[16] If we consider a constant thickness of the substrate, an increase of its dielectric permittivity ɛr causes a shift of the input impedance curves toward lower frequencies (Figure 6a). The shift can be explained by two physical phenomena. First, the presence of a dielectric substrate causes redistribution of the surface current: The current on the surface facing the dielectric is larger than the current on the opposite surface. Second, the propagation velocity of the surface current on the dielectric side is slower. Thus, in terms of electromagnetic radiation, the antenna becomes electrically larger. In addition to the shift in frequency, we observe a decrease of the input impedance value, both the real and imaginary parts, by increasing the value of ɛr.

image

Figure 6. Input impedance of the antenna on substrates (a) for different dielectric permittivities by a fixed thickness of 0.8 mm and (b) for different thicknesses by a fixed dielectric permittivity of 3.4.

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[17] Increase of the substrate thickness at a fixed value of its dielectric permittivity does not have an essential impact on the input impedance for the frequencies below 6 GHz (Figure 6b). For higher frequencies, an increase of the substrate thickness is similar to an increase of the dielectric permittivity and causes a shift of the input impedance curves toward lower frequencies.

[18] Regarding antenna radiation, an increase of the substrate dielectric permittivity ɛr, by a constant thickness of the substrate, slightly decreases the antenna gain and shifts a dip in the gain curve toward lower frequencies (Figure 7a). The latter is caused by an increase of the antenna electrical length with an increase of substrate dielectric permittivity and lowering the frequency, at which the antenna pattern splits into two lobes. An increase of substrate thickness (by a constant dielectric permittivity) also shifts the gain dip toward lower frequencies (Figure 7b).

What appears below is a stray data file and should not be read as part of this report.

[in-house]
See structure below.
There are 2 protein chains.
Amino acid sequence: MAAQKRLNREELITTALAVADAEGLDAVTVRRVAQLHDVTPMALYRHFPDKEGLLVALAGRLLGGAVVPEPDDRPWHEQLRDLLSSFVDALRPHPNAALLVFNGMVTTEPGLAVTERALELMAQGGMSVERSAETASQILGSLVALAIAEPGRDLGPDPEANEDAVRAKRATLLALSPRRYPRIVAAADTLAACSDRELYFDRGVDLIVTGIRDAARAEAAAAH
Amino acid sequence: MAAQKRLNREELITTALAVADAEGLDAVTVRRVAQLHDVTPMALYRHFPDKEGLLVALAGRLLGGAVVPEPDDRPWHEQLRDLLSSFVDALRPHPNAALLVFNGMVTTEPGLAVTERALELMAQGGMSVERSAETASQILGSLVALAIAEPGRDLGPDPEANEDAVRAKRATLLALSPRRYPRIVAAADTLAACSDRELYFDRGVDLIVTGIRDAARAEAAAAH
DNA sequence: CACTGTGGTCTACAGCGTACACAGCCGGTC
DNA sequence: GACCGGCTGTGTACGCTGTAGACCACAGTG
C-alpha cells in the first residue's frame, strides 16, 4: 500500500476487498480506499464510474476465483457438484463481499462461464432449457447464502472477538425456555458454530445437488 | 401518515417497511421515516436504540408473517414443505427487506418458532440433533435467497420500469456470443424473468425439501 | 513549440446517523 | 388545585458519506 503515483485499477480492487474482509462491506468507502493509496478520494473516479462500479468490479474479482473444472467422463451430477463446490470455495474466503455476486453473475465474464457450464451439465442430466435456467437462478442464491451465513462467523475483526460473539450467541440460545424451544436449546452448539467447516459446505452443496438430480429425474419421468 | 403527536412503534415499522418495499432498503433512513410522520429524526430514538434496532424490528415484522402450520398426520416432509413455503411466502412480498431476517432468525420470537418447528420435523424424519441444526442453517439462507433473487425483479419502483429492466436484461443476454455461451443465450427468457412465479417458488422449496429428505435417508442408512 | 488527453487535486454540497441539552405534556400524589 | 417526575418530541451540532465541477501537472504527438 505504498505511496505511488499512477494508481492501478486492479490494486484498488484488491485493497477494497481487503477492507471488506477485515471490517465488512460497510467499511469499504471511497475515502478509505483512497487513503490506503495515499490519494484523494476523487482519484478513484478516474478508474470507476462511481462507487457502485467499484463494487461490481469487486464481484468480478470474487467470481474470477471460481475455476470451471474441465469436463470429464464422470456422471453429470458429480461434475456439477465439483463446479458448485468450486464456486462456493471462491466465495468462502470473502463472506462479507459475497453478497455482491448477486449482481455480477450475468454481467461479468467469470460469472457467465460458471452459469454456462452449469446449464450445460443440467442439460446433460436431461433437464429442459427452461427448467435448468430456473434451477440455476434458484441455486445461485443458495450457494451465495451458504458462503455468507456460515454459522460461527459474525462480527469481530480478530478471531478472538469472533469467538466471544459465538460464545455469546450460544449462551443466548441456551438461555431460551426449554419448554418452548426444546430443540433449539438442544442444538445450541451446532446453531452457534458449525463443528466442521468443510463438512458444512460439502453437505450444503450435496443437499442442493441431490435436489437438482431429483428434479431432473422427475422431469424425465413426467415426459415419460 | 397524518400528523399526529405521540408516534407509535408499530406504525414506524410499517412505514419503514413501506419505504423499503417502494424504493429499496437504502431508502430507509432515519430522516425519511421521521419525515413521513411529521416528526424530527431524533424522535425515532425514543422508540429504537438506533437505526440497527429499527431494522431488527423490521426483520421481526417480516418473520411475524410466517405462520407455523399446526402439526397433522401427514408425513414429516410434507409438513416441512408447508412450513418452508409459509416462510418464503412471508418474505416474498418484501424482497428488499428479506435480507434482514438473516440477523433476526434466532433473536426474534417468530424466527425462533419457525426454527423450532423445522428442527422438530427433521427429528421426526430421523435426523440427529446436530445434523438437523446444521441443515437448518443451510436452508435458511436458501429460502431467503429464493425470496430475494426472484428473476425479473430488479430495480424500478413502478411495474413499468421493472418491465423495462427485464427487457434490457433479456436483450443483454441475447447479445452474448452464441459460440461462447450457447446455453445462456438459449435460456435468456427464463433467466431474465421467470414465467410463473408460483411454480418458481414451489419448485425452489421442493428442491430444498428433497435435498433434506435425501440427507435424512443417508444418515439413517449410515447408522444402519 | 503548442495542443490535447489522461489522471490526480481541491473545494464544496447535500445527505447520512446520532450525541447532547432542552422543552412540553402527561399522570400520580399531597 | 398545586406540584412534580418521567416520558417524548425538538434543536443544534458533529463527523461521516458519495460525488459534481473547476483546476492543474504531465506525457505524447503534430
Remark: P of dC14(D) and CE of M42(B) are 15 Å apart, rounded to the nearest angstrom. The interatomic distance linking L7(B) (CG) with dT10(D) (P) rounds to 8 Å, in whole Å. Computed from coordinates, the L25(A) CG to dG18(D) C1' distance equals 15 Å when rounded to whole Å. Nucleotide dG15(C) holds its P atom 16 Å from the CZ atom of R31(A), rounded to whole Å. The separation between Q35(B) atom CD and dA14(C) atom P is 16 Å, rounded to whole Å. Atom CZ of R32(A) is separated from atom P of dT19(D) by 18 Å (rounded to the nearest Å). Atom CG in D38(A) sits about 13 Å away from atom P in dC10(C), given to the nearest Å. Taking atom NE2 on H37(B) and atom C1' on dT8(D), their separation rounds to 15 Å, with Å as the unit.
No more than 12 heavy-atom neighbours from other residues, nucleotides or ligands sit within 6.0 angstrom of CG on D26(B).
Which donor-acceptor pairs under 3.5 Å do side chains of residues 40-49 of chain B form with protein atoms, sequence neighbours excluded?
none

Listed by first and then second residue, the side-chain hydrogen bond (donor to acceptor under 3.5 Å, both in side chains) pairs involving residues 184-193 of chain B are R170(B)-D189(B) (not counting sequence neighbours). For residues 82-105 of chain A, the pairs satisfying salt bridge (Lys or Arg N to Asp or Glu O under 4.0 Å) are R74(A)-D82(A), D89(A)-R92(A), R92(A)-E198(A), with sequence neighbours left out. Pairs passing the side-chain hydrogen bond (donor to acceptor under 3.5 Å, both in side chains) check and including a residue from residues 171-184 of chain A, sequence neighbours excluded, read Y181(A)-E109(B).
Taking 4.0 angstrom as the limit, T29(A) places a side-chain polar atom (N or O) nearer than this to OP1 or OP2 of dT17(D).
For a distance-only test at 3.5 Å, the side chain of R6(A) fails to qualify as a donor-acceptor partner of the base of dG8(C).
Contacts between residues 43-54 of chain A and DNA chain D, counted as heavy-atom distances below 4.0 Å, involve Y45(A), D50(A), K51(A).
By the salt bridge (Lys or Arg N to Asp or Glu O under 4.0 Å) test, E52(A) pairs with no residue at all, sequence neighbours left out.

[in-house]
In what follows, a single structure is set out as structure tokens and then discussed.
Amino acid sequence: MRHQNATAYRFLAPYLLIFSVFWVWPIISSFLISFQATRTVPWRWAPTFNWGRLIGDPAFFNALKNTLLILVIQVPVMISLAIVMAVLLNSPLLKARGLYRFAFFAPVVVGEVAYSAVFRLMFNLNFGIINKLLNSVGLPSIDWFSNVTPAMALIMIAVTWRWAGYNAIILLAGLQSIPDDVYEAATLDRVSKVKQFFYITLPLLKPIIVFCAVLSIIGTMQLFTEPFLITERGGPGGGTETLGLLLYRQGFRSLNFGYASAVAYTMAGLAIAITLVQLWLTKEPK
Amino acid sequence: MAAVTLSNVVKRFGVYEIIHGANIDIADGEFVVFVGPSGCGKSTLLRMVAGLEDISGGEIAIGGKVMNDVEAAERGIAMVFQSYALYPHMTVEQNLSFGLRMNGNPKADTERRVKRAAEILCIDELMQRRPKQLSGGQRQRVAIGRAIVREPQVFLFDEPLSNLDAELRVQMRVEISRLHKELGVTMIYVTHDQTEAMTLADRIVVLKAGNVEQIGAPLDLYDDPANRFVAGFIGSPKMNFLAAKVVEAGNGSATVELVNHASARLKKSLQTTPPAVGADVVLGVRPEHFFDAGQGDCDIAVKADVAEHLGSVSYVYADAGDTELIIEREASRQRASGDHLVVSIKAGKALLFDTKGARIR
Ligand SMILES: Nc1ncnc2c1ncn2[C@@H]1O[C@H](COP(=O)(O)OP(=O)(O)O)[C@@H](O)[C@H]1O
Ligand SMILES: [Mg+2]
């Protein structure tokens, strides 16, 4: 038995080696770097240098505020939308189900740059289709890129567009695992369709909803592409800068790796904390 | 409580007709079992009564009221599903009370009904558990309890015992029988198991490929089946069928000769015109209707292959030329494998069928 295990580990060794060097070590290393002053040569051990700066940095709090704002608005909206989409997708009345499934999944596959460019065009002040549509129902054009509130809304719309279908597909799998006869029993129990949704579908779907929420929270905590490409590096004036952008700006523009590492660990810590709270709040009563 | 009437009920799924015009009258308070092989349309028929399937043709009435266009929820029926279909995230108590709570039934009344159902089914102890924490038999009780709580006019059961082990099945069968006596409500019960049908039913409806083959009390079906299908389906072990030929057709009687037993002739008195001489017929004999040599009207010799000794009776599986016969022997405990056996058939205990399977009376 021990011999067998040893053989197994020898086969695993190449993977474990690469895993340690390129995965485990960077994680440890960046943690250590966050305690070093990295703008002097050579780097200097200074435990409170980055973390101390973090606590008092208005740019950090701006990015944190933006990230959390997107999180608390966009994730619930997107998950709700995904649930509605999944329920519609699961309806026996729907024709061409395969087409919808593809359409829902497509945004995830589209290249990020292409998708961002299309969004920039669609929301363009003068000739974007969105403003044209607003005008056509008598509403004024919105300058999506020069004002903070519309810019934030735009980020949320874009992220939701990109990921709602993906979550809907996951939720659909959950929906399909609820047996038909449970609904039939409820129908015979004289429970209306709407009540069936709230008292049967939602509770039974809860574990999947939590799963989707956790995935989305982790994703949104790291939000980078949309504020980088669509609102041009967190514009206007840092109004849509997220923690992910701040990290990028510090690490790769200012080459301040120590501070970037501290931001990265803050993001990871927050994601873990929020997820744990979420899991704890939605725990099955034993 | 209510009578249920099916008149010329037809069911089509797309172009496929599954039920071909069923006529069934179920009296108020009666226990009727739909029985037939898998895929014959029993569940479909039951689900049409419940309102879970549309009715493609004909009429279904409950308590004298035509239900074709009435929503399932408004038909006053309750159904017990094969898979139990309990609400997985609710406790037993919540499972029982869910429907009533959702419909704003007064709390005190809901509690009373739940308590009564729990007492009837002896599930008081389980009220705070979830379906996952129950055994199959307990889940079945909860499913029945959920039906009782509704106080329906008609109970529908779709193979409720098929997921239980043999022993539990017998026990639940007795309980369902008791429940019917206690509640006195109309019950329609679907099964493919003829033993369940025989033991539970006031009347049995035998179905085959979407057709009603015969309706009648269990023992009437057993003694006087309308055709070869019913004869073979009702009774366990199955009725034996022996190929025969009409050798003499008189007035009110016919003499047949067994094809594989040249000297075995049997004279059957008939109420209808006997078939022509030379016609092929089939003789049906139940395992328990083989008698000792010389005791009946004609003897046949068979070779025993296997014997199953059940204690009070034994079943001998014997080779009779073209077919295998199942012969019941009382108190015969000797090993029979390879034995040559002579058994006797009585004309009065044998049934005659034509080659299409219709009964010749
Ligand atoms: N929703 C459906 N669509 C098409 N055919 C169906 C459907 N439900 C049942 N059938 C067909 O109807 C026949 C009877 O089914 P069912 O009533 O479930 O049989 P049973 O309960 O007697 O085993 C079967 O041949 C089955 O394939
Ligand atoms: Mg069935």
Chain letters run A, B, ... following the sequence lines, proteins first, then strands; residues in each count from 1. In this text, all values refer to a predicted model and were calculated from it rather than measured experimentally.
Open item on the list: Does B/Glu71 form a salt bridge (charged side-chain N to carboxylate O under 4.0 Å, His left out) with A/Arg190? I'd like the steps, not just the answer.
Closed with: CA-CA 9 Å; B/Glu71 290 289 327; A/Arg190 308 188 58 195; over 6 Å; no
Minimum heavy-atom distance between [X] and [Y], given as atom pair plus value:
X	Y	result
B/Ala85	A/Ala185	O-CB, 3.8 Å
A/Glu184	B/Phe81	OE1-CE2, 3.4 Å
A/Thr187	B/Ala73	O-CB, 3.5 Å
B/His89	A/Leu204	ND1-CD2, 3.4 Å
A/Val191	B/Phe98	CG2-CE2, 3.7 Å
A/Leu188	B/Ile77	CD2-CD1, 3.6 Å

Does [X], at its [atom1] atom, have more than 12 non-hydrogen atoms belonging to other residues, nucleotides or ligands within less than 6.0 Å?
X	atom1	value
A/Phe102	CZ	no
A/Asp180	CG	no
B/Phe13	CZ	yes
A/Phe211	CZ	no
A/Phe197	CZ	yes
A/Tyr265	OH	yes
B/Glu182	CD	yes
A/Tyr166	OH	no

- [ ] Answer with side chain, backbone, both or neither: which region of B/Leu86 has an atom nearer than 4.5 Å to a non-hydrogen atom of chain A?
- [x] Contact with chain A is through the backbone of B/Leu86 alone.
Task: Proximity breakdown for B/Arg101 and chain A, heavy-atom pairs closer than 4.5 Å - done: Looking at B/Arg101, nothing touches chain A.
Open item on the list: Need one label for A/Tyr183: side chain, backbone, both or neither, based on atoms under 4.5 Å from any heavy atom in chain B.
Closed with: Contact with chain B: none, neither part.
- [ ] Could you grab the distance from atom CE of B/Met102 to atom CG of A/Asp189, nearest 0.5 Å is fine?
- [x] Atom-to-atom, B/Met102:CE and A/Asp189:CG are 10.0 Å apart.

image

Figure 7. Gain (along the z axis) of the antenna on substrates (a) for different dielectric permittivities by a fixed thickness of 0.8 mm and (b) for different thicknesses by a fixed dielectric permittivity of 3.4.

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5. Optimization of Antenna Parameters

  1. Top of page
  2. Abstract
  3. 1. Introduction
  4. 2. Numerical Model
  5. 3. Azimuthal Slot as Loading Element
  6. 4. Impact of Dielectric Substrate
  7. 5. Optimization of Antenna Parameters
  8. 6. Experimental Verification
  9. 7. Discussion and Conclusions
  10. Acknowledgments
  11. References

[19] The optimization of the antenna design described above has been done via numerical simulations. The optimization criteria were amplitude of the radiated pulse by a given output from a pulse generator (which for transient antennas determines the efficiency of antennas and depends on the matching to the generator) and the late-time ringing. The former we characterize by the peak-to-peak amplitude of the radiated pulse at the distance 1 m away from the antenna. To characterize the latter, we introduce a new parameter called the pulse extension ratio (PER). We define it as

  • equation image

where Trad is the time interval within which the magnitude of the pulse radiated in the boresight direction decreases by 40 dB, and Tgen is the duration of the output pulse from the generator defined at a level of 10% of maximal amplitude. From the system design point of view, an acceptable level of the antenna ringing is about –40 dB with respect to the main pulse amplitude after triple duration of the pulse. Therefore the desired value for the PER is about 3.